Do you have a mentor? Have you used sports psychologists or do you use your parents?
Both of my parents were overjoyed when I took up cycling but they don’t get involved, only when I ask. Having said that - I sought their advice more when I was younger. My Dad is a really uplifting guy and has helped to keep things into perspective. But, I learned at a young age that the most important person, who really needed to be there to motivate me, was actually myself. I’ve always been interested in psychology but because I went straight into professional cycling straight out of high school I never had the chance to study it formally but I began to read lots of sports psychology books to educate myself. In a way, I act as my own personal sports psychologist. There are times when it is super difficult of course, but I just take a step back and look at the state of things. I’m lucky I have a good head on my shoulders; I’m able to handle pressure and put things into perspective.
Taylor, you have been called ‘the tastemaker’ for your appreciation for fashion. If you had to bring some style into the peloton what would introduce? Would it be something entirely new or would you go for retro?
Ha…I’m already trying to bring my own style into the peloton. I collaborated with Giro a few years ago when I had the idea to make some swanky new shoes. They look a lot like football cleats. They are lace-ups. So, I say, start from the feet first! Now…the current aero helmet trend, that’s not really my thing – that needs some work in my opinion. But the style of the peloton is getting better; it’s more retro again, with more black in the shorts. There are less crazy colors and things on the jerseys, except for a couple of teams.
If I were a cycle tourist, and I didn’t have to wear the BMC Racing Team uniform I would go for a retro look, that’s the direction I would go in. I do like brands that are emulating a 60’s and 70’s style of cycling, sort of Eddie Merxx style. If it were up to me, I’d pretty much ride around in black the whole time. There are enough people who think that cyclists are super weird because of what we wear, so why contribute to that perception! If it were up to me, I’d pretty much ride around in black the whole time
If you were to ride some Alpine Passes what gear ratio would you use?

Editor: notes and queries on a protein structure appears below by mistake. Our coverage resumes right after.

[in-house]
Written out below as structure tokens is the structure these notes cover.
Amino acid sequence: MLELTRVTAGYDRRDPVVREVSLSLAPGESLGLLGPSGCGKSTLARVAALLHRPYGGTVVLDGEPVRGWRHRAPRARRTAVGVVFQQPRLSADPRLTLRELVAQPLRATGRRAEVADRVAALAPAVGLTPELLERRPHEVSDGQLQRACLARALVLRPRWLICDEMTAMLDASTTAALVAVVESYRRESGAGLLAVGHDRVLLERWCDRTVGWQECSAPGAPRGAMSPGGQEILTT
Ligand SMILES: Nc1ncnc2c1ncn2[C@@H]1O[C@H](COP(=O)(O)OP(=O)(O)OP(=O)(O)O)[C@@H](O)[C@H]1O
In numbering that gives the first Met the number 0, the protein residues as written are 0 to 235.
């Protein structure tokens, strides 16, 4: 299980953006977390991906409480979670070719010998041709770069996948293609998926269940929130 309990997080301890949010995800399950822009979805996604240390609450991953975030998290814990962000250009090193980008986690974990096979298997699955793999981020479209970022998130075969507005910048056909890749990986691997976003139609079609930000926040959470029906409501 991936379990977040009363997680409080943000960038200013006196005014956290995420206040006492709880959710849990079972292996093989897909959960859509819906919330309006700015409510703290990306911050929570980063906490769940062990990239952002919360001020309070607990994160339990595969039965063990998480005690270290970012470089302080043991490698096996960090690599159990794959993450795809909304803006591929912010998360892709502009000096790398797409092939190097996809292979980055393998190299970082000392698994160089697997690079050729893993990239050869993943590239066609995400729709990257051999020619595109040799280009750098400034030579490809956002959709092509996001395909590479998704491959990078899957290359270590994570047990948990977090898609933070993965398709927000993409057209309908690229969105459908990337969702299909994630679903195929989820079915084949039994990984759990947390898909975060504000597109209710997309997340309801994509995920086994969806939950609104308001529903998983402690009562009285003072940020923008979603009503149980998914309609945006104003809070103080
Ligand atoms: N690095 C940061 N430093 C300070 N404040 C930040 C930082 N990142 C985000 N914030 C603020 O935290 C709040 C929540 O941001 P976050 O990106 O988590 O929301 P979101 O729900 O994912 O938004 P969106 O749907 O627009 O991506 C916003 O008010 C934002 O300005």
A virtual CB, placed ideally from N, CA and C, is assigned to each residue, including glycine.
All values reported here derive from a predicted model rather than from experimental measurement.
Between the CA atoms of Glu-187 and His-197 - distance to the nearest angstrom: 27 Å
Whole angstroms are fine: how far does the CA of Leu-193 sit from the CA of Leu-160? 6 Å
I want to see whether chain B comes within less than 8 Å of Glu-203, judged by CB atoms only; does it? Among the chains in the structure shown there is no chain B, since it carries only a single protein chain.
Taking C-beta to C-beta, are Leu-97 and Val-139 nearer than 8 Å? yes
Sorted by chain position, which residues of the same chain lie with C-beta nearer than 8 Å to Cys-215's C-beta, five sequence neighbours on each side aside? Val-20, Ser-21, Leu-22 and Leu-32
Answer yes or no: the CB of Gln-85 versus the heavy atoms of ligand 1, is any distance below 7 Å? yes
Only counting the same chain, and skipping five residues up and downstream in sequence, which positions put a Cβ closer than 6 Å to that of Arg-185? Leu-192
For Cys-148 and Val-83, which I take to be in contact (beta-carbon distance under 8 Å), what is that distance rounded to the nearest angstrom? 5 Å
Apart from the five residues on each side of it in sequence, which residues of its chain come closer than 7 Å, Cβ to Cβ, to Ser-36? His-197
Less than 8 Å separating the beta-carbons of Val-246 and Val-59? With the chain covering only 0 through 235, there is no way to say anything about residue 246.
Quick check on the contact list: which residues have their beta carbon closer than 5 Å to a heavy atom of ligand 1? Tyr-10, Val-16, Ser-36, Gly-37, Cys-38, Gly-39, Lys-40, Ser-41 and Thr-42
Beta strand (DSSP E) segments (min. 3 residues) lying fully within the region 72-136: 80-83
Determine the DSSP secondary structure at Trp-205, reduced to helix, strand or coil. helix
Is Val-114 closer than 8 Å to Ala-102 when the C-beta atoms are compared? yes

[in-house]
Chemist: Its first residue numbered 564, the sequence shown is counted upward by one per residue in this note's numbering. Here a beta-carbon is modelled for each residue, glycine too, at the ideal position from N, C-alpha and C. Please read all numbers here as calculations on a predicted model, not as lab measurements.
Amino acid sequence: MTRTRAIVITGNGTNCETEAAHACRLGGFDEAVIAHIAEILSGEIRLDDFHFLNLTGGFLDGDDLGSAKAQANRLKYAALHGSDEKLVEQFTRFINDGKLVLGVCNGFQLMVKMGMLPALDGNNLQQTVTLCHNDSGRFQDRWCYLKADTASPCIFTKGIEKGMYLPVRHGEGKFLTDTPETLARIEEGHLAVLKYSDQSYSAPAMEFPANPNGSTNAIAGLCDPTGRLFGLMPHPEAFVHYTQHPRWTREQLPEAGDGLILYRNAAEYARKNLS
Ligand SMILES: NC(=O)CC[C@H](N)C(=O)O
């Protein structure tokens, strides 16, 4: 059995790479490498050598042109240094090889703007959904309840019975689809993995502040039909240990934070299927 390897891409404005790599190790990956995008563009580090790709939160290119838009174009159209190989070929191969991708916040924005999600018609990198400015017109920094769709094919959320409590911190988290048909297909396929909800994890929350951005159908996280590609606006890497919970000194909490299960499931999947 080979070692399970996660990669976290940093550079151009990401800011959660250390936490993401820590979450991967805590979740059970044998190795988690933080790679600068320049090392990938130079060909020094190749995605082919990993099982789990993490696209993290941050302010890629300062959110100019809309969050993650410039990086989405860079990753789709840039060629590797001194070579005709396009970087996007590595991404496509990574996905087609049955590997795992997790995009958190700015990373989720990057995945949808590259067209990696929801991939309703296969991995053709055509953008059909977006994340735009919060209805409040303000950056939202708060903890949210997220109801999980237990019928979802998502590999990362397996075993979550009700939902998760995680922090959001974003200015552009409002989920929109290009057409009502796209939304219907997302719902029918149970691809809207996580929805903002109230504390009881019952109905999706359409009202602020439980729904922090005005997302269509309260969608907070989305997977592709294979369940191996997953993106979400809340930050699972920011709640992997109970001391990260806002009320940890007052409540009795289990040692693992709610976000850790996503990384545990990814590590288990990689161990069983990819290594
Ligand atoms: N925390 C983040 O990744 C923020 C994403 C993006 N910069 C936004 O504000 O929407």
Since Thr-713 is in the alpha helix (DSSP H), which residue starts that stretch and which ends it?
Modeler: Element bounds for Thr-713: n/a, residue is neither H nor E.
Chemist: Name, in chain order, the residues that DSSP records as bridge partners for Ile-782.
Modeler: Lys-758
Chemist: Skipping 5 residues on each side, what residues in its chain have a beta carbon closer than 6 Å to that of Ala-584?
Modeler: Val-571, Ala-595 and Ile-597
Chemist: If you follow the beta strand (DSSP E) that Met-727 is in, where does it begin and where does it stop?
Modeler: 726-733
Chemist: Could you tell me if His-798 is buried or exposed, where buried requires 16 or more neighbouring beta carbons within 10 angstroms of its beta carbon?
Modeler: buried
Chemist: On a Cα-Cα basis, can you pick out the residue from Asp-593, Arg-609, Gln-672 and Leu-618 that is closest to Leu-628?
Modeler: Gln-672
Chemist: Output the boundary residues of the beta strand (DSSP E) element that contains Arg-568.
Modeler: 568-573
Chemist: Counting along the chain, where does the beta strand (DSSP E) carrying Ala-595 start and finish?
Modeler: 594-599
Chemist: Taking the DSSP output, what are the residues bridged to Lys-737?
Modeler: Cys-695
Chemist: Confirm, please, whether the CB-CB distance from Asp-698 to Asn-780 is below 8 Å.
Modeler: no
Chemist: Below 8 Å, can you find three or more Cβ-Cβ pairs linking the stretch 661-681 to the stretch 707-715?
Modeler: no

It would depend on what Alpine pass. If it were the Mortirolo for example, then I would ride a compact because it’s so steep. For the most part I’d ride a 38 in the front and a 28 on the rear in case it was over 8%, because I like to tap it out.
Would you choose a Rolex or a Cartier watch?
Definitely Rolex, all the way. Ford, YSL or Pierre Cardin? Saint-Laurent. Its Saint Laurent now though – you do know that right? You can never really go wrong with Tom Ford but SL is more my style, leather jackets, tight pants, I dig that for some reason. But you could dress me in Tom Ford any day and I wouldn’t complain. But for the vibe I’m trying to put out there then SL is my top choice. As well as being somewhat a fashion victim, you are also really into music. Do you use iTunes or Spotify? I use iTunes, because I prefer to buy music and support artists rather than stream. But I get a lot of my music from various blogs on the internet, so, mixes and collaborations that are not already on iTunes. I don’t use Spotify too much but I do have another app on my phone called the Hypemachine. What kind of music do you listen to? Indie? Techno or electronic? I listen to a lot of stuff. A lot of dance and house music. That can range from chilled house or lounge beats, to a little more energetic dance. Stuff you might hear in a club with a really good DJ. I like things I can dance or vibe to. But sometimes I like Rap or acoustic or alternative tunes. Essentially I like music that has a good beat to it – which I can vibe to. Would you prefer to drink espresso in Italy or beer in Boulder? Oh man. It’s very dependent on the time of year. If it were between August and January then I would go for beer in Boulder. It’s also the time of the year when I would enjoy a very large beer in Boulder, or anywhere for that matter – guilt free. But otherwise, it would be an espresso in Italy.